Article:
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A Chair, A Fireplace & a Tea Cozy
Inside A Chair, A Fireplace & a Tea Cozy

100 Young Adult Books for the the Feminist Reader

A booklist of “young adult books” for the “feminist reader” was put together on the website of the magazine Bitch: Feminist Response to Pop Culture.

For those of you in Portland, Oregon, the organization actually has a real lending library. Some of the website posts are particularly about that library and books. A typical post up to now is a look at the ALA YA awards/lists from a feminist viewpoint: From the Library: Young Adult Awards Aplenty.

On January 28, Bitch posted a list of 100 Young Adult Books for the Feminist Reader. From the blog post: “The Bitch Media Community Lending Library brings you our very first book list, made up of 100 young adult novels that every feminist should add to the stack of books on their bedside table. Here at the library we’ve been re-reading some of our old standbys and finding new feminist favorites. If you’re looking to buy a book for your favorite teenage girl or just looking to cuddle up with a powerful story featuring teenage characters, look no further.”

I’m not sure whether or not the books are physically at the Lending Library; I have to assume “yes.”

As for what happened next. In a nutshell, some people objected to books on the list, framing the objections in arguments that touched upon issues of particular sensitivity: rape and rape culture. The people who put together the list removed those titles. As they explained on February 1, “A couple of us at the office read and re-read Sisters Red, Tender Morsels and Living Dead Girl this weekend. We’ve decided to remove these books from the list — Sisters Red because of the victim-blaming scene that was discussed earlier in this post, Tender Morsels because of the way that the book validates (by failing to critique or discuss) characters who use rape as an act of vengeance, and Living Dead Girl because of its triggering nature. We still feel that these books have merit and would not hesitate to recommend them in certain instances, but we don’t feel comfortable keeping them on this particular list.” Emphasis in the original. (Note: the Sisters Red removal seems to be based entirely on the review and conversation at Book Smugglers. Note the power that one blog post can have.)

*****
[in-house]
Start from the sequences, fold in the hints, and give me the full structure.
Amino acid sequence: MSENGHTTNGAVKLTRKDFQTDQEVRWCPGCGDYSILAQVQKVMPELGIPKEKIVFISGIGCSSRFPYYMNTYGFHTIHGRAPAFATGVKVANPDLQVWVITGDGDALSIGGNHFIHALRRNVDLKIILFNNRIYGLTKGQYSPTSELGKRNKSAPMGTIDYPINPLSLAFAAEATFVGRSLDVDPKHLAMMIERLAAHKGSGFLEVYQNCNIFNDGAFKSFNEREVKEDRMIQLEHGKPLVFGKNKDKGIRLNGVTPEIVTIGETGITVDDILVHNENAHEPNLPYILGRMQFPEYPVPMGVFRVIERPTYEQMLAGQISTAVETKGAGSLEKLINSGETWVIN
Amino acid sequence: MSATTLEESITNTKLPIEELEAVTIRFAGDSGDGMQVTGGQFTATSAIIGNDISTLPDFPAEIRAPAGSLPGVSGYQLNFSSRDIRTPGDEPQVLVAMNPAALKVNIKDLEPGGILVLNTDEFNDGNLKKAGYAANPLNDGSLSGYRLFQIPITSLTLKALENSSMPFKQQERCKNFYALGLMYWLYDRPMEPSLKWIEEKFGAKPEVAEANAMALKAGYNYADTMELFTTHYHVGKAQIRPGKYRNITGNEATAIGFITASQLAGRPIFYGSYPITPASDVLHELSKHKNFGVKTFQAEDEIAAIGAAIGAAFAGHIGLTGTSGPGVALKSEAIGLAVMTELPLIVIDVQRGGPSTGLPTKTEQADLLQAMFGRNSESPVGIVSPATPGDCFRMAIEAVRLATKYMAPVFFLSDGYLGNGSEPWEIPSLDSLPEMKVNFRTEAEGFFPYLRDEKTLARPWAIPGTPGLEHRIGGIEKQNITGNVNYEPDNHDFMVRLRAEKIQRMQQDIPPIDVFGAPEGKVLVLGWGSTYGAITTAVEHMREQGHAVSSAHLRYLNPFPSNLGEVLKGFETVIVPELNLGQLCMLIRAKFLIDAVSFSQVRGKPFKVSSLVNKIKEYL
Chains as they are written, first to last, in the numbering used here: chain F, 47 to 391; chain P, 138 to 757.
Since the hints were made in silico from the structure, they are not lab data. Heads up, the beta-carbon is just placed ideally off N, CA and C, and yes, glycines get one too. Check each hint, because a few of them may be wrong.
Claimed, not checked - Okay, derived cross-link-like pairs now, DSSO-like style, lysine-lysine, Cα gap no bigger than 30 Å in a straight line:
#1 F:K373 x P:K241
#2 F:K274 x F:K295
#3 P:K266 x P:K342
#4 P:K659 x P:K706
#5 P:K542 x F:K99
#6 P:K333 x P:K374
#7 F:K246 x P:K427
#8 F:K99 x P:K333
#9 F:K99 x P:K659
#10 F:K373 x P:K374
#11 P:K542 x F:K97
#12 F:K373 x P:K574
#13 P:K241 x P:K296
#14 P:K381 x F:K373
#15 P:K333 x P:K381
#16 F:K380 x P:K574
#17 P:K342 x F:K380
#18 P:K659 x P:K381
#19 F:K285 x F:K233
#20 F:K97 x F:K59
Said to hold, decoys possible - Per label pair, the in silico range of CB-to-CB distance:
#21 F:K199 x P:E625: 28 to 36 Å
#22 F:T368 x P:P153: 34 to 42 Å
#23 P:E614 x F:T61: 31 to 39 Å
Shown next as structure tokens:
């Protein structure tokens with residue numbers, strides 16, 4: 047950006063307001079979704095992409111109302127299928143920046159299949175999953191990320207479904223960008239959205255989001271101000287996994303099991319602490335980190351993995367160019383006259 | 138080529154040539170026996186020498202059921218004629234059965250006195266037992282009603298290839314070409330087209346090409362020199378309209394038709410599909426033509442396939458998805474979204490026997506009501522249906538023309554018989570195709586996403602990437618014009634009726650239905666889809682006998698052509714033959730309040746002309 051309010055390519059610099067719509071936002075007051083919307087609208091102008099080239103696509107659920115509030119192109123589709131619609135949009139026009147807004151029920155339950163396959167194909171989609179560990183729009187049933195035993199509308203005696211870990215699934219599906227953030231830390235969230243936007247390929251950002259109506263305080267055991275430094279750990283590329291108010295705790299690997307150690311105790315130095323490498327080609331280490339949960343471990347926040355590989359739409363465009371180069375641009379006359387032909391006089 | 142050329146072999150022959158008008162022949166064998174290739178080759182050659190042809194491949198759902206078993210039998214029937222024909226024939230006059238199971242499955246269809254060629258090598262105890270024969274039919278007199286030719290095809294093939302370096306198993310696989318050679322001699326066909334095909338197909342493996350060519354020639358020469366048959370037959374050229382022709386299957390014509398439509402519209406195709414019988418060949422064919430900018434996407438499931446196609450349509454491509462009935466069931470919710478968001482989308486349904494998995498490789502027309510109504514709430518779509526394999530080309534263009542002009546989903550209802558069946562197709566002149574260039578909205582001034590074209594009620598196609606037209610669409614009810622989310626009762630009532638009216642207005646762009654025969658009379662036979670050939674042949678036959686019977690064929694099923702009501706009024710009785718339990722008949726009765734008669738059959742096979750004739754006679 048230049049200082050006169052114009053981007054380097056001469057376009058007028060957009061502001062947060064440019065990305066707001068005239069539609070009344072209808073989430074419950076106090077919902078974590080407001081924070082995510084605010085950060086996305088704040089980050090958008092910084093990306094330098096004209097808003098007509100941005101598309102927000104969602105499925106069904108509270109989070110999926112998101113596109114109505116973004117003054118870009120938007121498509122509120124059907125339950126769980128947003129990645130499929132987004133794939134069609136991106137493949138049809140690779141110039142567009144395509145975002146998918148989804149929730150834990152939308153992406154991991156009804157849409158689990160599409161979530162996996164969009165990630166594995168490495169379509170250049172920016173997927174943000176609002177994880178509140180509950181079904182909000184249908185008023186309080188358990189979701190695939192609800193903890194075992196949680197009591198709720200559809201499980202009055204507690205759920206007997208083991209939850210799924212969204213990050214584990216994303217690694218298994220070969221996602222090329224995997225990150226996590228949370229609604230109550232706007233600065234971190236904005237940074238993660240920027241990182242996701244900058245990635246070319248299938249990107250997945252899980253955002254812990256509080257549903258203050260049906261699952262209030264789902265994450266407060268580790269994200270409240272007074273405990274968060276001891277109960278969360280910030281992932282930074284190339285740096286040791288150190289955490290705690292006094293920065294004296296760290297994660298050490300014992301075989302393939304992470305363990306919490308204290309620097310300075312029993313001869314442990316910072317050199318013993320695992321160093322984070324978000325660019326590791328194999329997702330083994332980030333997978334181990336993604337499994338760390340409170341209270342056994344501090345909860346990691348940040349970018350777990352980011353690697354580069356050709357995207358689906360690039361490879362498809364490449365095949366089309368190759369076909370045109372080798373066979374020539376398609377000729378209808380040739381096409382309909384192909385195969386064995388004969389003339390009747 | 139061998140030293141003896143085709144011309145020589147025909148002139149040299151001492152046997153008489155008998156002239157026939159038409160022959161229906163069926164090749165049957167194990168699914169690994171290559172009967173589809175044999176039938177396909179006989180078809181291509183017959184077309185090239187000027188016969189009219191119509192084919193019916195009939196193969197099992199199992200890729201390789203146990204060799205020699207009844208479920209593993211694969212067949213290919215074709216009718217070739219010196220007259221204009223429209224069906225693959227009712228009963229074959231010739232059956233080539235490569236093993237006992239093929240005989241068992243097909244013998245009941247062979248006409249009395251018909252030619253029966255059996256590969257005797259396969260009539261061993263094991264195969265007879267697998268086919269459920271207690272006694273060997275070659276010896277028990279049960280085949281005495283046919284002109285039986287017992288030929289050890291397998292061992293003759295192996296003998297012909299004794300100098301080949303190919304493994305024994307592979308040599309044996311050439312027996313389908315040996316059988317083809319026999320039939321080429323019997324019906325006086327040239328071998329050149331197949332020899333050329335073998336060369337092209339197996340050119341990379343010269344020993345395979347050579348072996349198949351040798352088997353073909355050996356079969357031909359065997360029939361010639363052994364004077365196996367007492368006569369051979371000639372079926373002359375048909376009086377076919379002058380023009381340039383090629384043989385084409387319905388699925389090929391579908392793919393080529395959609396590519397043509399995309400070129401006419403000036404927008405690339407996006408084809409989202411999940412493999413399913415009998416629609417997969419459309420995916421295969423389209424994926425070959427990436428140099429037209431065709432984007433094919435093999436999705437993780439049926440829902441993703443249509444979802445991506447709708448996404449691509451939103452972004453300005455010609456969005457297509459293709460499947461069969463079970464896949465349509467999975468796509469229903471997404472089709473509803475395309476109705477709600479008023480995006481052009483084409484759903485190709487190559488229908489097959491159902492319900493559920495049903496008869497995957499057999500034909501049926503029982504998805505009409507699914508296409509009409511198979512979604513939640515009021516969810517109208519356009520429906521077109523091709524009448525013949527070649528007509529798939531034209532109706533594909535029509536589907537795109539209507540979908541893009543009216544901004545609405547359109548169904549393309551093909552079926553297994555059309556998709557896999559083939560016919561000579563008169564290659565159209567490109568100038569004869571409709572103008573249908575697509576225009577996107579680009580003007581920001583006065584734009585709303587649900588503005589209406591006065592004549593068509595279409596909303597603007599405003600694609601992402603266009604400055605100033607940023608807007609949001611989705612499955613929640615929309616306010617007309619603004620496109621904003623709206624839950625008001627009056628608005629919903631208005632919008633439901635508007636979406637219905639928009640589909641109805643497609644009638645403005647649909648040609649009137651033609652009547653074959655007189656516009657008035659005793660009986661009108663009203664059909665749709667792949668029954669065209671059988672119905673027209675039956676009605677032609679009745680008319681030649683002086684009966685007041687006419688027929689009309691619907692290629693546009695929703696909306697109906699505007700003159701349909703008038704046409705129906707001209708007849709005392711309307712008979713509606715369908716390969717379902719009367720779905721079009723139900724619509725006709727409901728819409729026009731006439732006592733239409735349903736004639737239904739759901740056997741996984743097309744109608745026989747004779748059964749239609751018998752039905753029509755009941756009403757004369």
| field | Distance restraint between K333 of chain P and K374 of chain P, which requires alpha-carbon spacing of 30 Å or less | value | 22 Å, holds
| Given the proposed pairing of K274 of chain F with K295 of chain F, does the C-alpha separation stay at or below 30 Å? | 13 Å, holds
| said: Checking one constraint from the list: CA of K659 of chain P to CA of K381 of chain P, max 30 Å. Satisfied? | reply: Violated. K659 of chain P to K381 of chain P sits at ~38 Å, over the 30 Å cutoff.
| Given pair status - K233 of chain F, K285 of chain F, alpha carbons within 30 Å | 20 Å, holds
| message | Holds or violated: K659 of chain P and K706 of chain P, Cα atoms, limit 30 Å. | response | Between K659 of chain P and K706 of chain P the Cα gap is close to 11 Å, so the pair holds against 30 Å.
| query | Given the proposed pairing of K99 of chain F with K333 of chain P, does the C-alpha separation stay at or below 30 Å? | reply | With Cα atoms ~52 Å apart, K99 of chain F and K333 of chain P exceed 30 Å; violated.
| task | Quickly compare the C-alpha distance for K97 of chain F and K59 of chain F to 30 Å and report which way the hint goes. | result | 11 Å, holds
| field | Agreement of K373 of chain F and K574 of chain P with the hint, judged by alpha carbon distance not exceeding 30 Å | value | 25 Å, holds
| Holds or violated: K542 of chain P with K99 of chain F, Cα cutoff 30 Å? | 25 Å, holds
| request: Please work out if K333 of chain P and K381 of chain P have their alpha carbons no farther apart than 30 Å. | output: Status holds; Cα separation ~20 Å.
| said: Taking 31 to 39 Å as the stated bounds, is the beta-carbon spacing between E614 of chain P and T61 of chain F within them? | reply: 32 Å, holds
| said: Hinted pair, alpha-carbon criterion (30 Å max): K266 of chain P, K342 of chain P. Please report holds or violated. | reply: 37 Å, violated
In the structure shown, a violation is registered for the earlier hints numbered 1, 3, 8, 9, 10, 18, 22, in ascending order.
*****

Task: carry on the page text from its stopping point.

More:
The comments exploded. Those of us who have seen book challenges unfold behind closed doors recognized what was happening: Person A objects to book, framing the argument as Z. All reading and analysis is done in reaction to argument Z. Alternate arguments or perspectives are not considered. Unlike other library challenges, this happens in public. Which, actually, I think is extremely helpful to those who have not seen what happens in these types of situations, and just how personal it gets.

Some of the wonderful things about the public discussion are the beautiful defenses of Tender Morsels. Long time readers may remember that I was on the Printz Committee that selected Tender Morsels as a Printz Honor book. So, yes, this is personal. But note the word I had to use: defense. Because of how Bitch handled this, those who didn’t view Tender Morsels as validating rape as vengeance now had to defend themselves. In other words, Bitch has with each of these books established that the arguments offered up are valid and the view that Bitch holds rather than simply an alternate view that can be part of an informed, intelligent discussion.

If you can stomach the comments, I suggest you read them both for the defenses of the books that have been offered up as well as a capsule of Internet culture. Seriously, it’s like a textbook example of all the ways a discussion can explode into other issues and into flaming and trolls and mansplaining.

If you want a timeline of what happened with analysis, Colleen Mondor has done a great job over at Chasing Ray. She goes into all the other issues raised in the comments. If you cannot stomach the comments, read Colleen’s post because she read them so you don’t have to.

Smart Bitches, Trashy Books also comments, explaining in detail the problems some had with triggering being the reason to remove a book from a list. I particularly like the tongue-in-cheek Advisory stickers. The comments are also valuable as some people agree that the books didn’t belong on the list based on excerpt they read (excerpts! not the full book!) and SBTB responds with : “Second, that is one interpretation of the books in question, not The Only And Eternally Right interpretation of those books. Just because an internet commenter says so does not make it absolutely true. Dear God, what trouble we’d be in, in that case.”  THIS, in a sentence, is the problem with what is going on with the Bitch list as well as the problem with many book challenges.